Quantifying Platelet Margination in Diabetic Blood Flow.

Authors:
Hung-Yu Chang
Hung-Yu Chang
Chang Gung Memorial Hospital
Taiwan
Alireza Yazdani
Alireza Yazdani
Rutgers University
Xuejin Li
Xuejin Li
Brown University
China
Christos S Mantzoros
Christos S Mantzoros
Beth Israel Deaconess Medical Center
Boston | United States
George Em Karniadakis
George Em Karniadakis
Brown University
United States

Biophys J 2018 Oct 30;115(7):1371-1382. Epub 2018 Aug 30.

Division of Applied Mathematics, Brown University, Providence, Rhode Island. Electronic address:

Patients with type 2 diabetes mellitus (T2DM) develop thrombotic abnormalities strongly associated with cardiovascular diseases. In addition to the changes of numerous coagulation factors such as elevated levels of thrombin and fibrinogen, the abnormal rheological effects of red blood cells (RBCs) and platelets flowing in blood are crucial in platelet adhesion and thrombus formation in T2DM. An important process contributing to the latter is the platelet margination. We employ the dissipative particle dynamics method to seamlessly model cells, plasma, and vessel walls. We perform a systematic study on RBC and platelet transport in cylindrical vessels by considering different cell shapes, sizes, and RBC deformabilities in healthy and T2DM blood, as well as variable flowrates and hematocrit. In particular, we use cellular-level RBC and platelet models with parameters derived from patient-specific data and present a sensitivity study. We find T2DM RBCs, which are less deformable compared to normal RBCs, lower the transport of platelets toward the vessel walls, whereas platelets with higher mean volume (often observed in T2DM) lead to enhanced margination. Furthermore, increasing the flowrate or hematocrit enhances platelet margination. We also investigated the effect of platelet shape and observed a nonmonotonic variation with the highest near-wall concentration corresponding to platelets with a moderate aspect ratio of 0.38. We examine the role of white blood cells (WBCs), whose count is increased notably in T2DM patients. We find that WBC rolling or WBC adhesion tends to decrease platelet margination due to hydrodynamic effects. To the best of our knowledge, such simulations of blood including all blood cells have not been performed before, and our quantitative findings can help separate the effects of hydrodynamic interactions from adhesive interactions and potentially shed light on the associated pathological processes in T2DM such as increased inflammatory response, platelet activation and adhesion, and ultimately thrombus formation.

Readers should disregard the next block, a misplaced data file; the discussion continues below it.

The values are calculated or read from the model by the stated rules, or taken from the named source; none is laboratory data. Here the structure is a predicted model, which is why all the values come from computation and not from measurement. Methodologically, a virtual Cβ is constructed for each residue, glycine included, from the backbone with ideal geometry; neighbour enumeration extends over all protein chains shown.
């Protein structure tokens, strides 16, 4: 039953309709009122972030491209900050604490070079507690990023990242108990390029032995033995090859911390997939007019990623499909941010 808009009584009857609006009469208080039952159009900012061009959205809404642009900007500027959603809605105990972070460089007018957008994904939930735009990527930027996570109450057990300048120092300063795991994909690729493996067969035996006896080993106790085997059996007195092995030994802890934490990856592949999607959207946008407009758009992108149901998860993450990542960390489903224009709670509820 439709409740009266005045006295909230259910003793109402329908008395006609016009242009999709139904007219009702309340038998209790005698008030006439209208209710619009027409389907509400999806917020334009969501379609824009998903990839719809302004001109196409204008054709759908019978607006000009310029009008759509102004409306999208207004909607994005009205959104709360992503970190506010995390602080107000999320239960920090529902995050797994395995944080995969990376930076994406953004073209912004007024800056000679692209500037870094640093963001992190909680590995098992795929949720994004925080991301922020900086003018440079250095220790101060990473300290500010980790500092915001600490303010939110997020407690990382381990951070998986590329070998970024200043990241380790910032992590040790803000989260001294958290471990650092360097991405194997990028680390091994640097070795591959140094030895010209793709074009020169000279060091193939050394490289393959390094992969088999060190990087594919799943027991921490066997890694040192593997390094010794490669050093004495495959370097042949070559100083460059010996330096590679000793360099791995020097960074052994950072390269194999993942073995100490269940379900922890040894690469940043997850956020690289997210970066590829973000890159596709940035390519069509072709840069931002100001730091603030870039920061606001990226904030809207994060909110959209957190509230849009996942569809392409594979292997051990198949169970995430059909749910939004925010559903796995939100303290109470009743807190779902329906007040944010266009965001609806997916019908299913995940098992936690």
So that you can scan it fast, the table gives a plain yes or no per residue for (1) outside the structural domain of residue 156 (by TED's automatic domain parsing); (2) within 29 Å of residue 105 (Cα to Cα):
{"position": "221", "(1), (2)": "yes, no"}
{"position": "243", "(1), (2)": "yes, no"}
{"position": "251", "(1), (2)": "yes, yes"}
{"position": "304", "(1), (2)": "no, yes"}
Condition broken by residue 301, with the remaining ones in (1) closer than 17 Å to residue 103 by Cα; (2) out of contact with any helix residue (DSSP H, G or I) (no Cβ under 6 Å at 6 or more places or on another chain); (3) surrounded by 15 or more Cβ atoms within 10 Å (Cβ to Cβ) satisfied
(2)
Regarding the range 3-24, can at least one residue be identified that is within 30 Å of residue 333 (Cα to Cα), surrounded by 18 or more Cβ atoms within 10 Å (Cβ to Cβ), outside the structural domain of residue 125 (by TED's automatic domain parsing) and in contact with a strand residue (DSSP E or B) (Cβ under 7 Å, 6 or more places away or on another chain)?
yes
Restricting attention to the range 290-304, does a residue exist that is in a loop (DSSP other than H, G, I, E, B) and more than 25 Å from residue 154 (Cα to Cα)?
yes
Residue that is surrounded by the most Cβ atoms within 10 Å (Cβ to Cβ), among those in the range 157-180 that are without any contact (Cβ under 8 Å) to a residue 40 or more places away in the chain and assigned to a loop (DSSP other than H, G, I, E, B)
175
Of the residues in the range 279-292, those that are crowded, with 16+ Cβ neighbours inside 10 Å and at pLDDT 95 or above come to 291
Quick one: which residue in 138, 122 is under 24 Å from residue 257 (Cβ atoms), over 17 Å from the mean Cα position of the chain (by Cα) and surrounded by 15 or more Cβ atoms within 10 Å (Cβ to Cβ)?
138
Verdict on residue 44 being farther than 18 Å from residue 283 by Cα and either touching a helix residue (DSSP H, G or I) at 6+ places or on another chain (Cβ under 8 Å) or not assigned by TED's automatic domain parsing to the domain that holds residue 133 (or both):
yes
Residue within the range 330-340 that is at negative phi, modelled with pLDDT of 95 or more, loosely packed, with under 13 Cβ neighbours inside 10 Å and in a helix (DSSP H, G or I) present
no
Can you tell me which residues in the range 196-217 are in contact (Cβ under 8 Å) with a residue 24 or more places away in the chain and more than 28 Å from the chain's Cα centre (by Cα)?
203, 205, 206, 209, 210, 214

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Quantifying Platelet Margination in Diabetic Blood Flow


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http://dx.doi.org/10.1016/j.bpj.2018.08.031DOI Listing
http://www.ncbi.nlm.nih.gov/pmc/articles/PMC6170725PMC

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October 2018
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